THE PRICE of clothes is set to soar this summer after bad weather ruined the cotton harvest round the world.
With customers used to paying low prices, manufacturers and shops have, until now, absorbed the rise in raw material costs. Now, however, market prices have hit their highest level since the American Civil War.
Farmers slashed cotton production during the 2008 financial crisis when prices fell from $0.75 per pound to just $0.40.
But as demand for cotton outstripped supply, prices started to rise again. Farmers switched back, only to be hit by floods across Pakistan, India and Australia.
Cotton has now risen to $1.94 a pound, more than double last year. Prices have risen so high the New York Commodity Futures Trading Commission has stepped in to stop speculators driving it up further.
The commission said traders who want to hold significant numbers of contracts must prove an economic need for them.
While raw materials are a small part of the final cost (between eight and 20 per cent, or 40 per cent for a bed sheet), textile companies in France see the rises as inevitable.
Lucien Deveaux, of the textile industry federation UIT, said that the industry had had its back to the wall for some time, but prices would have to rise between three and 15 per cent.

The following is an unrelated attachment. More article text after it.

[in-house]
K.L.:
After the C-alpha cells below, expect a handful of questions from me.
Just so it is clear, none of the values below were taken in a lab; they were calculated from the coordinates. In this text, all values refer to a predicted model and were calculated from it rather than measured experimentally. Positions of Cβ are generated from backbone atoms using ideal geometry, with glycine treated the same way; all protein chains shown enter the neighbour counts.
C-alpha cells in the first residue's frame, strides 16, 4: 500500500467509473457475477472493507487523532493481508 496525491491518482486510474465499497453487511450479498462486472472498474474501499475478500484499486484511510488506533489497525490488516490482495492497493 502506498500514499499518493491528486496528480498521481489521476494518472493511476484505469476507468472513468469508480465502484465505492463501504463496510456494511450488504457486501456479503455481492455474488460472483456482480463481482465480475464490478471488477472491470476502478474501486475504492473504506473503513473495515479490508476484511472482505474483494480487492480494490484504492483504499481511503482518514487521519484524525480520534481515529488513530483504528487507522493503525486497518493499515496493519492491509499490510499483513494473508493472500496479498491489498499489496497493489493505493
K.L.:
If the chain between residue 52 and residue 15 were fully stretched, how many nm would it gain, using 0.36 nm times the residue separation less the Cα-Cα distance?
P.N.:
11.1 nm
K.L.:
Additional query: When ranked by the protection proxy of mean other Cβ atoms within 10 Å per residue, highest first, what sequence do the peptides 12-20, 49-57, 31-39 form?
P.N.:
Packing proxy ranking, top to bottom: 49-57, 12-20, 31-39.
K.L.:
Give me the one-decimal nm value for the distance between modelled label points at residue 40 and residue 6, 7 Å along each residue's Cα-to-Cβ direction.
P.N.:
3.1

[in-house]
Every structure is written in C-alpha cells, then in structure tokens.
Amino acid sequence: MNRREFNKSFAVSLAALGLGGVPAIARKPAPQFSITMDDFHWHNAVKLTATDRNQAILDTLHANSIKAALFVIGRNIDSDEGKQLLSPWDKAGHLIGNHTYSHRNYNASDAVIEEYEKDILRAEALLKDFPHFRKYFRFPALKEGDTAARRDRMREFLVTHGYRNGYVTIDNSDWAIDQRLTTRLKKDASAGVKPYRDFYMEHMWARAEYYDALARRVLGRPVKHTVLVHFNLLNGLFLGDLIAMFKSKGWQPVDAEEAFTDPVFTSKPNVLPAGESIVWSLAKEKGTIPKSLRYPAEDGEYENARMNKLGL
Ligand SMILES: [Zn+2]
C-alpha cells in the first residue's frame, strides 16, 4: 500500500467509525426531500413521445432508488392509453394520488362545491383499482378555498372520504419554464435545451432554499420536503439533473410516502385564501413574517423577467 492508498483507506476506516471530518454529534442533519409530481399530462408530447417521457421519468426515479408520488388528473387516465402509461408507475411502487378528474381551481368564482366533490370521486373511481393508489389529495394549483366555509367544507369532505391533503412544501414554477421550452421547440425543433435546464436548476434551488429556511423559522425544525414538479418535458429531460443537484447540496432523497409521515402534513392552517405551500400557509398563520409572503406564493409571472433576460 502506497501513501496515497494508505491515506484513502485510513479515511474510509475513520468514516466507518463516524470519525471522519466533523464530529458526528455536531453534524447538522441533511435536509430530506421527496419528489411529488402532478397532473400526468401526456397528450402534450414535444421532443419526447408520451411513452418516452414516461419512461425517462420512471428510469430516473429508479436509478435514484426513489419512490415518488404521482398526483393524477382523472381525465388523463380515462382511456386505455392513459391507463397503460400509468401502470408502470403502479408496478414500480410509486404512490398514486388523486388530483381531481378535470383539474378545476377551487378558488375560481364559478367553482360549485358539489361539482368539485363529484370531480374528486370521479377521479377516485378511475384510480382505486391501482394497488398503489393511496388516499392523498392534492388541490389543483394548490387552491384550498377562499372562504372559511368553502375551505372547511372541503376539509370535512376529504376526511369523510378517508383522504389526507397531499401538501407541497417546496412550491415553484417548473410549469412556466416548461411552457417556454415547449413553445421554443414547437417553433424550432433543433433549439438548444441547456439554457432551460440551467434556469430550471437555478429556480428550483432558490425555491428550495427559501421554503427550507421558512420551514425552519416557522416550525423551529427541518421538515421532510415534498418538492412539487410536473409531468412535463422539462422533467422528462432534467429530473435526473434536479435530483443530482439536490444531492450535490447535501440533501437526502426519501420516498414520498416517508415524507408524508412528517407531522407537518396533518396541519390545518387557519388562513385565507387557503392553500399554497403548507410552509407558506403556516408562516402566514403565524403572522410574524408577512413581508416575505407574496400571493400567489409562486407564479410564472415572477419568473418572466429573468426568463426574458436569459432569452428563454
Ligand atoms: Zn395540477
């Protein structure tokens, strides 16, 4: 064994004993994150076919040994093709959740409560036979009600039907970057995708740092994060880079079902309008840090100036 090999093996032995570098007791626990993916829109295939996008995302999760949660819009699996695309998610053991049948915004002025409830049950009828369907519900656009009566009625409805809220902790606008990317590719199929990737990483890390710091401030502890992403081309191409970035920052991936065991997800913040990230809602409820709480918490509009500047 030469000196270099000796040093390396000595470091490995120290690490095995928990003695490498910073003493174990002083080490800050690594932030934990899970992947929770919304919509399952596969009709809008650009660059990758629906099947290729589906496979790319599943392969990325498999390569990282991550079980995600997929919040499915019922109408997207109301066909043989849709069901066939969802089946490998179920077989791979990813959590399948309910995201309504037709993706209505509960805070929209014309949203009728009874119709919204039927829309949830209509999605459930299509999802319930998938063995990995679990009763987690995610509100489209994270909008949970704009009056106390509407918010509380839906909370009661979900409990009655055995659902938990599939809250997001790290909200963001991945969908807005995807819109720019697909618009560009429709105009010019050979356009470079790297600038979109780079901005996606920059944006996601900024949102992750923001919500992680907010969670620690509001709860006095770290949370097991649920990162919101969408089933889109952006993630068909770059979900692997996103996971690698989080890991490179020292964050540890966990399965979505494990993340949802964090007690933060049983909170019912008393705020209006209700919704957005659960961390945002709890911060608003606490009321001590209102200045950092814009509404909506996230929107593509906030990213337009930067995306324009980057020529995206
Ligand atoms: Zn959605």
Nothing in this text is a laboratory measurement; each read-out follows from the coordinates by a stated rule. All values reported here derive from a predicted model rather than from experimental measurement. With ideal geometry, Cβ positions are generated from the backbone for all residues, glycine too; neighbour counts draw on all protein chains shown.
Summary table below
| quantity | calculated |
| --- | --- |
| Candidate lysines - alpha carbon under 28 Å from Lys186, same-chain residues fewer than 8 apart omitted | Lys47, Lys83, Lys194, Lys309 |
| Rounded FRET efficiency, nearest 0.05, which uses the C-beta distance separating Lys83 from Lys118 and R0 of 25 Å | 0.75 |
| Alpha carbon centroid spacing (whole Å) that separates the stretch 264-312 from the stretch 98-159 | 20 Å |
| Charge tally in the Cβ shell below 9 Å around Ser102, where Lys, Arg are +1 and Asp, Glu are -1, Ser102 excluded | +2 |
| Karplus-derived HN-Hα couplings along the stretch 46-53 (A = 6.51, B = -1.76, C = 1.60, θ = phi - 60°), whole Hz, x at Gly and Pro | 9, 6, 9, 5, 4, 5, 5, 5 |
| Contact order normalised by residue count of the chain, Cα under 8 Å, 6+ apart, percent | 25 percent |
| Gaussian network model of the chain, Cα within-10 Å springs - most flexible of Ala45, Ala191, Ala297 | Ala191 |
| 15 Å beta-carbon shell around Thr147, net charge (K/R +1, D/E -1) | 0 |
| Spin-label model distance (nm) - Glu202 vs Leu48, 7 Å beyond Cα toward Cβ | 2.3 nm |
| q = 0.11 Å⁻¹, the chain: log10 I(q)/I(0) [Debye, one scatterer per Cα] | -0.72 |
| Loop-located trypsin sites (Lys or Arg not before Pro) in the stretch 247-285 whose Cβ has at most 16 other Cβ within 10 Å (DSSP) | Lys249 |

Benoït Hacot, of luxury bedding company Hacot & Colombier and president of the cotton and wool industry federation FFILC, said that shops had created a massive demand for cheap cotton goods that could not now be met: "People are not prepared to pay more and sales will fall by about 10 per cent."
Clothes stores such as H&M are trying to find a way to cope with the increased prices on what they say is "the most important material in the textile industry". It said prices would inevitably rise; the difference would be how different companies handled the situation.
Another High Street retailer, C&A, is pointing to its use of organic cotton as a way to maintain its market share.
Others are switching to polyester and bamboo to cover for the lack of cotton, but prices are rising in other materials, too, with wool prices up 38 per cent over the past year, while the cost of silk has doubled.